Die Walküre: Interview with Stephen Medcalf & Stephen Barlow

June 2, 2017

We spoke to Stephen Medcalf, director and Stephen Barlow, conductor of Die Walküre at the London rehearsals, on the 2017 season at the new Theatre in the Woods. They talk about their passion for Wagner, being part of the inaugural season at West Horsley Place and the relationship between director and conductor.

How would you describe Die Walküre?

Stephen Medcalf: It’s an extraordinary love story with a very dark undertone.

Stephen Barlow: On top of the love story,  there are two things I think that are really important. It’s a very delicate and painful journey through a father and daughter’s relationship and seeing this relationship breakdown in such a painful way (Wagner is a master at this) is quite an extraordinary thing to see. Lastly, Die Walküre is really alive with conversation. It’s really a conversational opera with wonderful huge set pieces but the drama unfolds in a conversational music theatre. Not a lot of people think of that at first but it’s ideal for people wanting to try Wagner for the first time.

What is the relationship like between conductor and director?

SB: Terribly good actually!

SM: Brilliant obviously!

SB: We’ve worked often together and we’ve known each other for a very long time and coincidently we both feel in a very similar way about this piece [Die Walküre].

SM: I can’t tell you what a difference it makes and people always talk about the relationship between conductor and director and unfortunately such is the nature of our profession, there often isn’t one really. You kind of bump into each other in the rehearsal room and get on as best they can. Stephen [Barlow] and I have worked here a lot and Stephen is also as ever present in the rehearsal room unlike some conductors and therefore we have continual dialogue which is essential to making sure that the drama and the music are absolutely fully entwined together which is the whole point of Wagner – that combination of music and drama being inseparable.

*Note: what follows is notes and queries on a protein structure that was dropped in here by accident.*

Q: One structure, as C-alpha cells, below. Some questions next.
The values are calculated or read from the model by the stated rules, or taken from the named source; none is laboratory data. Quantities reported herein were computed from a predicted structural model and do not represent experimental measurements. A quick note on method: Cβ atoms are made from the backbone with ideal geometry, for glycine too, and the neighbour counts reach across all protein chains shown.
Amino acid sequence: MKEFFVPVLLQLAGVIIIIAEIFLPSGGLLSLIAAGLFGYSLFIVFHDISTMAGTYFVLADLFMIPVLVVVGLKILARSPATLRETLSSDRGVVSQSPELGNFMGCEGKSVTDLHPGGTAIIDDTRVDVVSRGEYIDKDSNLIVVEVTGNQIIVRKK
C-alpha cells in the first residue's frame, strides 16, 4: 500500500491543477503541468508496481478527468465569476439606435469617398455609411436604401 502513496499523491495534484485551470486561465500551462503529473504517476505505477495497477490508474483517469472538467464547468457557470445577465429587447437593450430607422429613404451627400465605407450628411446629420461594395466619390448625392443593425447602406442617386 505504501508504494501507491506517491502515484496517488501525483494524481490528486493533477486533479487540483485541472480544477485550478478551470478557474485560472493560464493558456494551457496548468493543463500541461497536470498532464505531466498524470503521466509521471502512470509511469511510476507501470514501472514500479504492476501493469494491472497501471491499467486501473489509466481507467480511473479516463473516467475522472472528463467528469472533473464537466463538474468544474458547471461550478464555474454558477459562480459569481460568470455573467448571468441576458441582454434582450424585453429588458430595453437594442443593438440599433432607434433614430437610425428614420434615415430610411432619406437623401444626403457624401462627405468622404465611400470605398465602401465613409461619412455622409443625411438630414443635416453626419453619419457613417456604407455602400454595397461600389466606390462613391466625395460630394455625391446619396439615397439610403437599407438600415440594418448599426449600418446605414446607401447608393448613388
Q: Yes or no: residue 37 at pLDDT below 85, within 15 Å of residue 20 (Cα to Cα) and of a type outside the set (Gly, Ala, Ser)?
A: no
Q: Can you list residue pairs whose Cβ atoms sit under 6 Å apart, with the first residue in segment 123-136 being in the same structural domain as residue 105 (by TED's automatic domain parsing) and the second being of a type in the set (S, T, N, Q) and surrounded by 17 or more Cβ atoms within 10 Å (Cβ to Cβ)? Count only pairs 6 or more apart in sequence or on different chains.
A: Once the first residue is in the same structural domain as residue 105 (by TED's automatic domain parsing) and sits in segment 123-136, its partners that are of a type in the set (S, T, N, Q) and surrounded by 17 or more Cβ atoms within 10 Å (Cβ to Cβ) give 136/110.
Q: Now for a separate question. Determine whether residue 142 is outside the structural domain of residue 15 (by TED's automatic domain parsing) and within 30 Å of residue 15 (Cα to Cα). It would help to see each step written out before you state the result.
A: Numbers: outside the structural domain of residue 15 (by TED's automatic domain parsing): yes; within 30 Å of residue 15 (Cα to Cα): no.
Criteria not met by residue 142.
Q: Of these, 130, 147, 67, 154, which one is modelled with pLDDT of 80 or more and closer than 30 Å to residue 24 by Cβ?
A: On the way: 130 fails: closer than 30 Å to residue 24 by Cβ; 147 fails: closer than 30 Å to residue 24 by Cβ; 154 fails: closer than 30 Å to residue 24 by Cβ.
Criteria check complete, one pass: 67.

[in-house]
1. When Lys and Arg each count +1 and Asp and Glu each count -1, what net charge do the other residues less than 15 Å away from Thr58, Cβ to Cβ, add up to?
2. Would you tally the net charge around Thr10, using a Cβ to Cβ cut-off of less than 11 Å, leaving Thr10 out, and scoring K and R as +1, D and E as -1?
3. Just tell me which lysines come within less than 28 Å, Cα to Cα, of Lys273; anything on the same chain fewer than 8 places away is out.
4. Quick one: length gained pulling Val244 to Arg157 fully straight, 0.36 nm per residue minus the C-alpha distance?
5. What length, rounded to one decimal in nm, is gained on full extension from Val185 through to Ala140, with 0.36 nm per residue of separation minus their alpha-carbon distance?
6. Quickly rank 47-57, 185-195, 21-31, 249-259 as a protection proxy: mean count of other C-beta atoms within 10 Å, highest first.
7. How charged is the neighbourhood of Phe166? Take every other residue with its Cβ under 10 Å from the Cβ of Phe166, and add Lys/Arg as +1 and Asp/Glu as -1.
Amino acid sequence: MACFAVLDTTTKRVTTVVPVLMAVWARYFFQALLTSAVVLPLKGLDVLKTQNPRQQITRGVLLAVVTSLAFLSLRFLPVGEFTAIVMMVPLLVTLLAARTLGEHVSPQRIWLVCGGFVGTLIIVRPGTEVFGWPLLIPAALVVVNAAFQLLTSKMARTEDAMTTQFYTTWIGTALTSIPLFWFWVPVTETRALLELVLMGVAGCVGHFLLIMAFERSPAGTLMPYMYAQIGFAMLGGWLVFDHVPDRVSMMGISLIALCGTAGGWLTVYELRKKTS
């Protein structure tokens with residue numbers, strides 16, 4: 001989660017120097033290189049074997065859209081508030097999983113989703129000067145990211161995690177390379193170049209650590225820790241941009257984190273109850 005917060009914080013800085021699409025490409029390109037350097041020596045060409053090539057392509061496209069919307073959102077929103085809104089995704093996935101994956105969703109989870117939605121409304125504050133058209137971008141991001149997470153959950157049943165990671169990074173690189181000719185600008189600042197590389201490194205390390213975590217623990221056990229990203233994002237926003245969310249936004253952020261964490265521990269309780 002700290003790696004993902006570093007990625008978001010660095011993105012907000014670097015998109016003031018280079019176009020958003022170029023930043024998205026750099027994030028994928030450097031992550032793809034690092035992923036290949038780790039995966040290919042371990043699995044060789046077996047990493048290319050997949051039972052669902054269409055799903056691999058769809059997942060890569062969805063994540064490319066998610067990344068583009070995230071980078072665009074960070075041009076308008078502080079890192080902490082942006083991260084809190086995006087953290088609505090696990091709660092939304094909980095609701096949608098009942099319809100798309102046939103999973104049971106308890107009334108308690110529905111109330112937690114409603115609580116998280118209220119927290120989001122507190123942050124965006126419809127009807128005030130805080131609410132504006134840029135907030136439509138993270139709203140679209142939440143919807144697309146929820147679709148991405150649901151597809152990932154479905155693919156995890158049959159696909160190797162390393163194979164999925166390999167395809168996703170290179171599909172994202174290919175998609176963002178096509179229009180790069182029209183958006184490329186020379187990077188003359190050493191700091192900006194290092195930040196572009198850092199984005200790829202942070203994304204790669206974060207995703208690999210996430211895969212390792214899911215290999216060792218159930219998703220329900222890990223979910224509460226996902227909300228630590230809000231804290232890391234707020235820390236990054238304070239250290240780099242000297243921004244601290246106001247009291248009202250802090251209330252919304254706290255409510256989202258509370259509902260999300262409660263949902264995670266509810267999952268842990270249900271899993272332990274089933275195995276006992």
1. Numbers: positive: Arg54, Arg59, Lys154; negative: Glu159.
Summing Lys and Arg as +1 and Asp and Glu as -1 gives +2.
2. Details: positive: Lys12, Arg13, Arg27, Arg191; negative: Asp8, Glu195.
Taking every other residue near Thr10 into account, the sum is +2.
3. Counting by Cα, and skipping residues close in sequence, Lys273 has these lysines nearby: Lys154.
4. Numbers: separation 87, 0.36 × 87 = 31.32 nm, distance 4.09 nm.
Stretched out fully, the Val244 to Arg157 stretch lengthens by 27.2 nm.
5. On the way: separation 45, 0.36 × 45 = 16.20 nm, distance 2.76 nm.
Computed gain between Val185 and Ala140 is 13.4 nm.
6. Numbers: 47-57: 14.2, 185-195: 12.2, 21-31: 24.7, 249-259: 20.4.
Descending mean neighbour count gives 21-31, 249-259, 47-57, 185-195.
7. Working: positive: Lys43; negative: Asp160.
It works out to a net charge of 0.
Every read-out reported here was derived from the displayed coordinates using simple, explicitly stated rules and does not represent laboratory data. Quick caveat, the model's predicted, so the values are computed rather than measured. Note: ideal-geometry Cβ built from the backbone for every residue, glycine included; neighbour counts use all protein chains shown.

Are you looking forward to being one of the first to direct/conduct in the new opera house?

SB: For me it’s one of the most exceptional events that can happen in one’s artistic life. It is one of the most exciting things to contemplate. Opera houses just aren’t built very often and this is going to be a wonderful jewel and opportunity to be involved, to be the pioneers of it, to set it up on its feet is really quite a privilege. It’s wonderfully exciting!

Why should people experience opera?

SM: The main reason to attend opera is to have your heart strings tugged and your emotions engaged, your whole senses really. Theatre is often more an intellectual activity sometimes, opera kind of touches those parts that you’re not always conscious of. Words can’t really describe what opera does. Music just has that capacity to really engage your emotions and senses and perhaps, that’s for me, why I do it. That’s why I love it.

What is the most enjoyable part of being a conductor/director?

SM: I think for me the rehearsal process is the most enjoyable. I don’t get to perform myself but I find that the process and the unlocking and things coming to life and the first few rehearsals when you make a breakthrough and you start to feel you’re on the right track. That is incredibly rewarding. Once you get into the theatre, it all gets complicated and technical, in some ways that’s a harder thing to get pure enjoyment from. It’s demanding and a challenge, but for pure pleasure, it’s the creative rehearsals in the studio with just a few people, the pianist, the maestro and that wonderful rehearsal atmosphere. That atmosphere of discovery.

SB: I’m lucky enough to continue with the performances, but one of the most exciting bits for me is when I see all the technical sides of it coming together in the theatre with the costume, the wonderful lighting and the designers vision in full glory and then the orchestra arrives, and then all of a sudden we’re looking at a really amazing conglomerate beast coming together. That’s a thrilling moment actually.

London rehearsals of Die Walküre, with Stephen Barlow, Stephen Medcalf, Morag Boyle, Becca Marriott, Gemma Morsley, Anne-Marie Owens, Tanya Hurst, Mari Wyn Williams, Lauren Easton and Felicity Buckland, May 2017. Video/photos by Nisha Haq.